"It's not a Republican or Democratic issue. People deserve to have that barrier taken away," said Smucker, a Republican whose district includes Lancaster city, which has the state's highest number of Hispanic residents, after Philadelphia and Allentown. "I see it as an investment and the right thing to do."
His proposal has an important supporter in the Senate: Majority Leader Dominic Pileggi (R., Delaware) has signed on as a cosponsor. But it faces opposition in the House, where state Rep. Daryl Metcalfe, one of the most outspoken legislators on immigration issues, is labeling it "unpatriotic" and vowing to block after it is formally introduced.
Under Smucker's bill, people who have attended high school in Pennsylvania for at least two years and graduated or earned a GED would become eligible to attend any of the 14 state universities or four "state-related" universities at in-state tuition rates - even if they are undocumented and their parents came into the country illegally.
It also would make those students, estimated by the Immigration Policy Center to number at least 30,000 in Pennsylvania, eligible for state-sponsored, low-interest student loans.
The proposal is similar to laws already in place in 12 states, including Texas, whose governor, Rick Perry, took heat in last year's Republican presidential primaries for having signed the bill in 2001.
The General Assembly in New Jersey is considering a similar bill.
Natasha Kelemen, executive director of the advocacy group the Pennsylvania Immigration & Citizenship Coalition, said the fact that Smucker's proposal had come from a GOP lawmaker was evidence that Republicans have realized the political importance of the growing immigrant community.
"Both sides are listening now," said Kelemen, whose group fought 22 bills they considered anti-immigrant in the two-year legislative session that ended in December. "It's a sign things are changing in Pennsylvania."
But Metcalfe (R., Butler) says he will fight any measure he sees as extending state benefits to illegal residents.
"It's another initiative to lead Pennsylvania into becoming a sanctuary state," Metcalfe said. "We should support those who hold the rule of law in high regard and stop foreign nationals from stealing it from them."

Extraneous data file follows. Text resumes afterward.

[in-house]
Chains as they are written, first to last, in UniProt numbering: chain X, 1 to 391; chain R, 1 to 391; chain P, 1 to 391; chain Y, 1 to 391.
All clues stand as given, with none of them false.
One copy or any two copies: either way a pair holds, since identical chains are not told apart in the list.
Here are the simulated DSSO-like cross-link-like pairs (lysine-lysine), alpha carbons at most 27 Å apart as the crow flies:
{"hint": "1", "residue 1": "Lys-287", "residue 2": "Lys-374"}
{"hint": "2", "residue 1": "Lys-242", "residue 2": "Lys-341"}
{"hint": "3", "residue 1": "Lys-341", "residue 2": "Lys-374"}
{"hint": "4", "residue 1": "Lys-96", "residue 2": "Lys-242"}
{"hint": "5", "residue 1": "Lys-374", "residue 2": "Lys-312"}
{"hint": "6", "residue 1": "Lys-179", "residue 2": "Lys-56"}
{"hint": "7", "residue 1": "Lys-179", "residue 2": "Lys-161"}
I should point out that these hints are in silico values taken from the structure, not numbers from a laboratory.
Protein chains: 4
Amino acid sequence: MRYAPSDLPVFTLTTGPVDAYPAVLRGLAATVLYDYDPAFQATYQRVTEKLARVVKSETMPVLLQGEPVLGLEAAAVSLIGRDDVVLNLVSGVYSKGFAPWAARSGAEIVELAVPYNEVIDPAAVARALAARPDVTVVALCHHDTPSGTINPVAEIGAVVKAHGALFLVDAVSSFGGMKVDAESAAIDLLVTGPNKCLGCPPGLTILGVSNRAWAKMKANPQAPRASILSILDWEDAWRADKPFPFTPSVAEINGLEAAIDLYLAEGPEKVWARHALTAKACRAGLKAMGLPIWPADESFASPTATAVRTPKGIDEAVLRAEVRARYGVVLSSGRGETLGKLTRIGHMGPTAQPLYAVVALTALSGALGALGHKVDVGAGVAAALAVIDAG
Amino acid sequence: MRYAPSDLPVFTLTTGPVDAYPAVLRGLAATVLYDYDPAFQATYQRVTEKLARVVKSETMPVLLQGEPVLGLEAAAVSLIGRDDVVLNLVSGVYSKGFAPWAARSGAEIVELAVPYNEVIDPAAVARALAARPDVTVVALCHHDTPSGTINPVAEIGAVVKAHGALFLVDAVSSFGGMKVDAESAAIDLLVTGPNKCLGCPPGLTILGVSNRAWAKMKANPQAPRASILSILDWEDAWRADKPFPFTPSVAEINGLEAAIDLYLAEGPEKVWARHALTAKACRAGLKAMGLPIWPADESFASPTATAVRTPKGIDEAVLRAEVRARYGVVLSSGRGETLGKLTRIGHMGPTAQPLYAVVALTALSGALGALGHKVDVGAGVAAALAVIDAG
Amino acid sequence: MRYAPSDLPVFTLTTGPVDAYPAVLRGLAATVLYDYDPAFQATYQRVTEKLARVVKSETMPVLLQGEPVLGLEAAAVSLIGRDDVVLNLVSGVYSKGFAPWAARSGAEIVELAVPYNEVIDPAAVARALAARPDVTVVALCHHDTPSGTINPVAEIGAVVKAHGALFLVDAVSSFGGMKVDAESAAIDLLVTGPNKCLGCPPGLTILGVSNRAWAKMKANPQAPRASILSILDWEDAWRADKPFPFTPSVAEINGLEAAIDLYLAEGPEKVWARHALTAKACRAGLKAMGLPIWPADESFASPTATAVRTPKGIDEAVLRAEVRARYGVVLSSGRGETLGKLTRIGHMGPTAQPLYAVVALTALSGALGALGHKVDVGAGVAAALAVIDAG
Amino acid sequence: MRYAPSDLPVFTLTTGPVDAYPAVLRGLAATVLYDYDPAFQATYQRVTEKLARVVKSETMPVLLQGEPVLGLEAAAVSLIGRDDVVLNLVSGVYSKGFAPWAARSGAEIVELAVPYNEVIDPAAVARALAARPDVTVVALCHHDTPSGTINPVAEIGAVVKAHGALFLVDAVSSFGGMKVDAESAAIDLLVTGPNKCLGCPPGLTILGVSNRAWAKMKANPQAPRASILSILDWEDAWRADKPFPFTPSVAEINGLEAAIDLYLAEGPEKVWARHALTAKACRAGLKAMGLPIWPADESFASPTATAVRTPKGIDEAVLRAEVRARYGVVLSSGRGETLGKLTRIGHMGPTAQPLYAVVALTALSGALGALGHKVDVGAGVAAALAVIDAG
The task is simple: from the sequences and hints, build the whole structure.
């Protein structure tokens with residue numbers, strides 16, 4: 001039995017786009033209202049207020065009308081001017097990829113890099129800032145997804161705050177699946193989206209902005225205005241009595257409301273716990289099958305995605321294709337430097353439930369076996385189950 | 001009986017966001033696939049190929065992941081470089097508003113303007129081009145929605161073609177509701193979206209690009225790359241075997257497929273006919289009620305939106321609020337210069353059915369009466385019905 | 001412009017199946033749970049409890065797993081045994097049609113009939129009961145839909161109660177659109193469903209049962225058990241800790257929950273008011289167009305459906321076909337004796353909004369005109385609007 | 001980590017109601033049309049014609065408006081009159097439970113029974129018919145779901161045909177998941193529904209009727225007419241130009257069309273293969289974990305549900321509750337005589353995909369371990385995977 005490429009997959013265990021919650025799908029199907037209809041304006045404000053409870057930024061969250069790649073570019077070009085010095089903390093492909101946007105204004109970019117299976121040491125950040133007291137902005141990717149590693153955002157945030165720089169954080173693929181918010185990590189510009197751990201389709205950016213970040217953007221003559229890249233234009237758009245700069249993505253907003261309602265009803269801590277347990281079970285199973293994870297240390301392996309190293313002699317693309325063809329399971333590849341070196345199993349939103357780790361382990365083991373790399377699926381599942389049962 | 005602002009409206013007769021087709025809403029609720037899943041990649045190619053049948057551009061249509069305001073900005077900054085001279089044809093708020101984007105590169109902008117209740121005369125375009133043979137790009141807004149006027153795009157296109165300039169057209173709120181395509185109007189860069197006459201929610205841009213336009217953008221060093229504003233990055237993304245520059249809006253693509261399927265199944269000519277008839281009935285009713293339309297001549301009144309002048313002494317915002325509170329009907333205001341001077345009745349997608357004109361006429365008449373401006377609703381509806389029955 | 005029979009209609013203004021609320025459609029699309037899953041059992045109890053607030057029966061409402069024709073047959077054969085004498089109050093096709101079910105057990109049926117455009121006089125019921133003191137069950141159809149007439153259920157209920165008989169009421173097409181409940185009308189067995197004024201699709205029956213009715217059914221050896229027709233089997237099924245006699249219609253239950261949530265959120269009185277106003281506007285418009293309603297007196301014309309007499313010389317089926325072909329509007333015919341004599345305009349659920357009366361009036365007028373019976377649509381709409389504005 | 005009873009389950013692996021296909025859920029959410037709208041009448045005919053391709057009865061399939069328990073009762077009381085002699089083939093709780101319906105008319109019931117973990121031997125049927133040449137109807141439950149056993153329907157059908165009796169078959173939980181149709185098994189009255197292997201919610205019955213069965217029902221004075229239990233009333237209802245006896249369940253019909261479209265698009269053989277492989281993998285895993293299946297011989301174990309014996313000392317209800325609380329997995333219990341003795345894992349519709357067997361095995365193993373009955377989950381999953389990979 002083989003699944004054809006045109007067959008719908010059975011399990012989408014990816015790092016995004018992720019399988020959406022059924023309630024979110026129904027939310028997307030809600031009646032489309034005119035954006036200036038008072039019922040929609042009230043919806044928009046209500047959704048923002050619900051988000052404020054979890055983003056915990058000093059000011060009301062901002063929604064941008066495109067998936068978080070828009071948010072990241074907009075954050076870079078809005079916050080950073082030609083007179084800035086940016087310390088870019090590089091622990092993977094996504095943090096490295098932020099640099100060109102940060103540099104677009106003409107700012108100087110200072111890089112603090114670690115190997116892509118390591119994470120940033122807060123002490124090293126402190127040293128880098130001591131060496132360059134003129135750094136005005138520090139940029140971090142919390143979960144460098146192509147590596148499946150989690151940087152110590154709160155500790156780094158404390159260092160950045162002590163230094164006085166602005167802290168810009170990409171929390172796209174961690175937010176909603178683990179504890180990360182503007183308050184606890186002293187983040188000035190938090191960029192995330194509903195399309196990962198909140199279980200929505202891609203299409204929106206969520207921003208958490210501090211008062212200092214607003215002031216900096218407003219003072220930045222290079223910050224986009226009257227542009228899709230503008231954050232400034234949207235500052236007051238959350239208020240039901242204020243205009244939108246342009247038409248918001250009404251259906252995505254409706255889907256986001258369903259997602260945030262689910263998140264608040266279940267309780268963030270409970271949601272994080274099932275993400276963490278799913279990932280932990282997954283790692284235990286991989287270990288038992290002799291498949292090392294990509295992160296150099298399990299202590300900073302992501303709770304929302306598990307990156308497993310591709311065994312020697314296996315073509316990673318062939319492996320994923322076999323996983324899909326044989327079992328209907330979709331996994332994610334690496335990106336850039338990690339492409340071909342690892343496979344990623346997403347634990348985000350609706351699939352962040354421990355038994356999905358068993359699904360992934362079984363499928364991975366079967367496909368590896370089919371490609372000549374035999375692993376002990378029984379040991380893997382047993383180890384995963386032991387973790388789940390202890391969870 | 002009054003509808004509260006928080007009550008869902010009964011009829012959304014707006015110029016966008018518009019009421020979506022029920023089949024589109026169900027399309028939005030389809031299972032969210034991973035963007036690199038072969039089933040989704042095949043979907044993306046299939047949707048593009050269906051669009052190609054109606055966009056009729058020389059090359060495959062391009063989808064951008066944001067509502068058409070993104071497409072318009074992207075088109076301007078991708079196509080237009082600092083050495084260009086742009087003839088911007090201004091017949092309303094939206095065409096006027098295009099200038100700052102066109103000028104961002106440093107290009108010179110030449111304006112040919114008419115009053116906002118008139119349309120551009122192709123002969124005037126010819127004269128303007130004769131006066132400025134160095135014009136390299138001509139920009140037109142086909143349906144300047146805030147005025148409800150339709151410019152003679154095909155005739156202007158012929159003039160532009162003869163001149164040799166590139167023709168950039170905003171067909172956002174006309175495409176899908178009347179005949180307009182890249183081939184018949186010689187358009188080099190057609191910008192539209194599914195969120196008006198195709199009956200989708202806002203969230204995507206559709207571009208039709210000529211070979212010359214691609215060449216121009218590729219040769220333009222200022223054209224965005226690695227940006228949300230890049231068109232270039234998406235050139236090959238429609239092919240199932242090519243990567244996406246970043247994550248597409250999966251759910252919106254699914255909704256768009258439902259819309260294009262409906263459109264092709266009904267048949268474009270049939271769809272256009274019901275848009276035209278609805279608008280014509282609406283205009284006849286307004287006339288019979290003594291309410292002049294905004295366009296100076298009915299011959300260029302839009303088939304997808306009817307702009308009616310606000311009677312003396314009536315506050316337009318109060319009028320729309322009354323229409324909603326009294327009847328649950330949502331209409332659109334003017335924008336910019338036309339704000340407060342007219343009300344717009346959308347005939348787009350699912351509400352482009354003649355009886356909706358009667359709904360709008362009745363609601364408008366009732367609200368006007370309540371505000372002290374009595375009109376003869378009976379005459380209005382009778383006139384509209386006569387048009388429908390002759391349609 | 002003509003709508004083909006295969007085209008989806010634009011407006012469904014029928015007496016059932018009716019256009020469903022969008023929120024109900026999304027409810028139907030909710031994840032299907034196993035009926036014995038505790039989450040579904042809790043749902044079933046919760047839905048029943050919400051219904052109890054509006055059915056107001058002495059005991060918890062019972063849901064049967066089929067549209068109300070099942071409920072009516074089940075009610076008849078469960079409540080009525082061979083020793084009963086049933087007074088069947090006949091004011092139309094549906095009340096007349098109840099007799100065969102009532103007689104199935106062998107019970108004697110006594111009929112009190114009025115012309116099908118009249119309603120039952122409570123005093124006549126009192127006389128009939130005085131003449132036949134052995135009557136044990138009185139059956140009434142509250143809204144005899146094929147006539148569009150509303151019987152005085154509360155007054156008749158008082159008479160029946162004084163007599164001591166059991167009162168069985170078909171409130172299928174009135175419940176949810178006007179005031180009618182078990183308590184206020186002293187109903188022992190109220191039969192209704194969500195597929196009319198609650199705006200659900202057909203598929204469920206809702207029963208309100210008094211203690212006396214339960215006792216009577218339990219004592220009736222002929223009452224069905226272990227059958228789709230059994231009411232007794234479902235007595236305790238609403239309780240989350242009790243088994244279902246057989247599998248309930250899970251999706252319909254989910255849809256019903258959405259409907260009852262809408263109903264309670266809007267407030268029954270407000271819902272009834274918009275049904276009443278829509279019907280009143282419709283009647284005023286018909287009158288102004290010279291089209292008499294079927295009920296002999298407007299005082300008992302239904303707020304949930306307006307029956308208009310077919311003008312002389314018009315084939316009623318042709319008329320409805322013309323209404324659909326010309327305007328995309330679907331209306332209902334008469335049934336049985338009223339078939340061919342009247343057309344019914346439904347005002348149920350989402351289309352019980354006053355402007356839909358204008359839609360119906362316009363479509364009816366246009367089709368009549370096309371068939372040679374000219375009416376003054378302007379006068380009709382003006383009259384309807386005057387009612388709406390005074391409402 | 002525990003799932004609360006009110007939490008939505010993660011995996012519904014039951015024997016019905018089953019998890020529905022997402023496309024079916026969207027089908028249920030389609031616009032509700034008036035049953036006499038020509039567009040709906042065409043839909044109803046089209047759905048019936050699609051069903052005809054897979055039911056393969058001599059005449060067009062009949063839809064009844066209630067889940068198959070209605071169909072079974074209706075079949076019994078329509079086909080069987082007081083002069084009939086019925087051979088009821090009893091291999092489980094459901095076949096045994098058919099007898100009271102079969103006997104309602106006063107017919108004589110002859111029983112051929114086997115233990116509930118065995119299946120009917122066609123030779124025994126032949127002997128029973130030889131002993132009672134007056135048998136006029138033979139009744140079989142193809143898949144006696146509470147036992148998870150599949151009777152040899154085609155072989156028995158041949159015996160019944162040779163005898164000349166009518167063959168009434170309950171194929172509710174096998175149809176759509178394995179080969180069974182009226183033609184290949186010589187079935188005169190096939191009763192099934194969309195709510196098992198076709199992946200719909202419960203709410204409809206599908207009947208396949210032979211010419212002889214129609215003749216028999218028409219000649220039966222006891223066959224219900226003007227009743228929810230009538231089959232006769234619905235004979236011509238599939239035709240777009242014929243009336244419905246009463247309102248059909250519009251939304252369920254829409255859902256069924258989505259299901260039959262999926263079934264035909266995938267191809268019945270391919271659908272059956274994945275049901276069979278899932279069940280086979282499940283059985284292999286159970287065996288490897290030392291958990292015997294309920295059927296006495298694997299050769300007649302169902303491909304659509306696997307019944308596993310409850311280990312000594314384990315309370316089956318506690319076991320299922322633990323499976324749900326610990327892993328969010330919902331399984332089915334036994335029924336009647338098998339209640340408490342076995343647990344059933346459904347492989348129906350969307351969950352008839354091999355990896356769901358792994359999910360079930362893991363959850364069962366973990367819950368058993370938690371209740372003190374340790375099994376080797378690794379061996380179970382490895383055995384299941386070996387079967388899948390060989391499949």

Right now, undocumented students pay the same tuition as out-of-state students attending state-supported colleges in Pennsylvania, nearly double the in-state rates. At Penn State, for example, tuition is $15,562 a year for an in-state freshman or sophomore; for out-of-state students, it is $27,864.
Smucker said that meeting with people like Philadelphia resident Jorge Salazar, undocumented but who wanted to finish college, helped put a face on the problem for him.
Salazar is Bolivian-born. He said his parents, government workers who fled to the United States after a regime change in 1989, ended up in a tough section of North Philadelphia.
He was a good student and graduated from the High School of Science and Engineering, but shied away from pursuing a degree at Drexel University because of the cost - and because he did not want his family "outed" as illegals.
"I lost hope," said Salazar, now 30. "I was afraid for my parents."
He now works at a Lansdale lumber yard and attends Community College of Philadelphia part time.
Salazar said he hoped that if the bill were to pass, he would be able to transfer to Villanova University and finally complete his engineering degree.
"It would have really helped out to have had this years ago," said Salazar. "When you are undocumented, you don't know if a school will be friendly or not, but if a law is in place, they can't deny you access to public education."
Contact Amy Worden at 717-783-2584 or firstname.lastname@example.org, or follow on Twitter @inkyamy.